Apples are wonderful foods, the shinigami knew well. Death note. Besides being tasty, they are a great source of vitamin C.
Researchers in Poland found that people who ate at least one apple a day had a lower risk of developing colon cancer than those who did not. They attributed this finding to two possible reasons.
Apples are a rich source of phytochemicals, natural substances that include polyphenols and flavonoids. These plant-based chemicals have the ability to fight cancer cell growth. Apples are also a good source of dietary fiber, another plant substance associated with a lower risk of colon cancer.
Other studies have pointed out how the phytochemicals in apples can help reduce the risk of certain types of cancer. Quercetin, a natural flavonoid in apples, can help reduce the risk of pancreatic cancer. And a Cornell University research team found other phytochemicals with the potential to kill or slow the growth of at least three different types of human cancer cells: colon, breast and liver.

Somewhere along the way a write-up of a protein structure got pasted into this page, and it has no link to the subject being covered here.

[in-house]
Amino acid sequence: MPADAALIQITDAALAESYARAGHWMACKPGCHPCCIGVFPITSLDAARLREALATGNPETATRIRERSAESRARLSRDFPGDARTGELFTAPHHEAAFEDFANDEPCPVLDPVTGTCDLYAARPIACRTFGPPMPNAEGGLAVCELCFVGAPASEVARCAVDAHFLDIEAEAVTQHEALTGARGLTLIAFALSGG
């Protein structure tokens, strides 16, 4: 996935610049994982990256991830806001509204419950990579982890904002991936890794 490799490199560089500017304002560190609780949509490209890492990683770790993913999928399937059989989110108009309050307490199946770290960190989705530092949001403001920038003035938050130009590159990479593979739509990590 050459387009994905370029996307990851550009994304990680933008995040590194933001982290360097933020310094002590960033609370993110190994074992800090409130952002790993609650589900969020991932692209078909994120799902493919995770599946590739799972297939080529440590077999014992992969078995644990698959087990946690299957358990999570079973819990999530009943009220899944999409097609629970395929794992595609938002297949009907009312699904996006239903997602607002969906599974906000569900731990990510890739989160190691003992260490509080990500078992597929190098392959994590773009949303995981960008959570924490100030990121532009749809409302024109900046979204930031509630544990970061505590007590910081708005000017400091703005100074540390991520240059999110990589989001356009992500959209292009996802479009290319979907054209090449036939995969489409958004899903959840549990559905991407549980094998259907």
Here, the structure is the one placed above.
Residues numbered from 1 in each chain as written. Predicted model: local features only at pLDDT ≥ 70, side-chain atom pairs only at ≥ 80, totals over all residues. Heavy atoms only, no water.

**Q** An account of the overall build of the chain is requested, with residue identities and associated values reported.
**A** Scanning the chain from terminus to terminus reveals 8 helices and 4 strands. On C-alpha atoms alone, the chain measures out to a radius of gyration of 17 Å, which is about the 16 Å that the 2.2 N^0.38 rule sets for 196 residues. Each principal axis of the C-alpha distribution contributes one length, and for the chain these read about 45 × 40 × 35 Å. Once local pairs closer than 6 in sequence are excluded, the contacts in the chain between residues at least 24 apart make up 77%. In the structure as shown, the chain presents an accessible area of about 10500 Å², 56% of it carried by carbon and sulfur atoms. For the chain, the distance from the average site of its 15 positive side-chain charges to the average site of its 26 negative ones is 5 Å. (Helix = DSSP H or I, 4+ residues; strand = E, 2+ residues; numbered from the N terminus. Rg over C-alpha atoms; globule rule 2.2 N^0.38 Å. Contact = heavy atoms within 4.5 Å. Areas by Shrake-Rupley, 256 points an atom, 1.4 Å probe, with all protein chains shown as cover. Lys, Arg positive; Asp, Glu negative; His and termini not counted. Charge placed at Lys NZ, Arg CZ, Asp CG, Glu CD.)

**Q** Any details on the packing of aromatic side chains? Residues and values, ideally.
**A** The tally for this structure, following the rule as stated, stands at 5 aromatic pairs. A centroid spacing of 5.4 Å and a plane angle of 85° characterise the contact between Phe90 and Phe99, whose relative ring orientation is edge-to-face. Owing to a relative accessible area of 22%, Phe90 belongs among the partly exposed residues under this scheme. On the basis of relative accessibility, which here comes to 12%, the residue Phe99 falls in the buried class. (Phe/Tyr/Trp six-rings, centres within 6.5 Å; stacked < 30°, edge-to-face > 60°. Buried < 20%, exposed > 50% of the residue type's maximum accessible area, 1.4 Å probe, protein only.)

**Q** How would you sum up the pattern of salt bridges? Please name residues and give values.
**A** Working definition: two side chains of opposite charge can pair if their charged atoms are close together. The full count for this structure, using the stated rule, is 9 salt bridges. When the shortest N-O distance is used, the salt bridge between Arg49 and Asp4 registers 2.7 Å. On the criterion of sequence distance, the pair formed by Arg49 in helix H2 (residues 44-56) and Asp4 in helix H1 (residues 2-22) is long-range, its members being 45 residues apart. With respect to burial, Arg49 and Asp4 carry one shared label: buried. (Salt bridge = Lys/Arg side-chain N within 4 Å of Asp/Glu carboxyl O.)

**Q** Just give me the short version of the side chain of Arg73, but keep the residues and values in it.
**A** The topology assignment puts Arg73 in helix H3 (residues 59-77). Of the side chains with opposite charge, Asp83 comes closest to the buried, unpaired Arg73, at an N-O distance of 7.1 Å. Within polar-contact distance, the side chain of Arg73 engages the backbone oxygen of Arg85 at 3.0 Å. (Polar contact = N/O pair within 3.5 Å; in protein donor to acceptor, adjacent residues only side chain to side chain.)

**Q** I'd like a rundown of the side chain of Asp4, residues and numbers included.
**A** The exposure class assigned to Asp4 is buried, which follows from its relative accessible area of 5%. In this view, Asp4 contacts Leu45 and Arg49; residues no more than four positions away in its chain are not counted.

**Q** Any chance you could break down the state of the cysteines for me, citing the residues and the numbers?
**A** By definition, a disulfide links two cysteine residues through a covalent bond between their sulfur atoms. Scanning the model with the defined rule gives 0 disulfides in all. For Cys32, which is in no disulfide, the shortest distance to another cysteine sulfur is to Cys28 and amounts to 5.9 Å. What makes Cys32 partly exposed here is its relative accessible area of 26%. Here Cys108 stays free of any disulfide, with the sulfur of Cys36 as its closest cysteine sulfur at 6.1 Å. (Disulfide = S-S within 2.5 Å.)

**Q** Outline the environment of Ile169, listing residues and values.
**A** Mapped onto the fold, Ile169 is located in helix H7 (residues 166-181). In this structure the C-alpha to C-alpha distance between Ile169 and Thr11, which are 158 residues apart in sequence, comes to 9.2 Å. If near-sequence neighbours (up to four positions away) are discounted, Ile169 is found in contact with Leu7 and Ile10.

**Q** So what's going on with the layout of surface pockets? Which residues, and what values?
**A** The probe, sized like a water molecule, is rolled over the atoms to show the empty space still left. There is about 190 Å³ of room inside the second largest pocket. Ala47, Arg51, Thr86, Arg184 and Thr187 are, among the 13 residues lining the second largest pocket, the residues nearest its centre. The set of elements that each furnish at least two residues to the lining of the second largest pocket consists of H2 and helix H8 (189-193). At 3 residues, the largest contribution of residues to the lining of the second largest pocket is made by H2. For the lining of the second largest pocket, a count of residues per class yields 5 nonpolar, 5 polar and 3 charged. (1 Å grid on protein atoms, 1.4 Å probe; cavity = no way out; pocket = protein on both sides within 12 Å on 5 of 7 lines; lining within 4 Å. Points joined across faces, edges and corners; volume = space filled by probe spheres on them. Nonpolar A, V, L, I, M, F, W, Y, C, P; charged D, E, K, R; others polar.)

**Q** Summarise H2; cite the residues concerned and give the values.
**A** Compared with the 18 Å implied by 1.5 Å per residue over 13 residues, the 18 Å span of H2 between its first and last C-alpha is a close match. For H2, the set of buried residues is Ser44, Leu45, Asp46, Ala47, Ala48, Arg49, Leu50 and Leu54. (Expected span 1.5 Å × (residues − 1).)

However, it is a good idea to eat apples whole, with the peel (unless you have a health reason not to do so). That’s where most of the fiber and phytochemicals reside..
Speaking of fiber, apples are a good source of soluble fiber called pectin. Yes, that is the same substance that makes jams and jellies gel.
Soluble fibers like pectin are known for their ability to lower cholesterol and blood sugar as they pass undigested through our intestines. These undigested fibers also feed the beneficial bacteria in our gut, helping to tame harmful disease-causing bacteria.
An apple of average size (150-200 grams) has between 46 and 64 million cells. But most of the apple is just water and sugars: 85% water and 11% sugars. It doesn’t sound like a big deal, but it is. So, given the choice, let’s copy the habits of the shinigami. Our health will be greatly enhanced.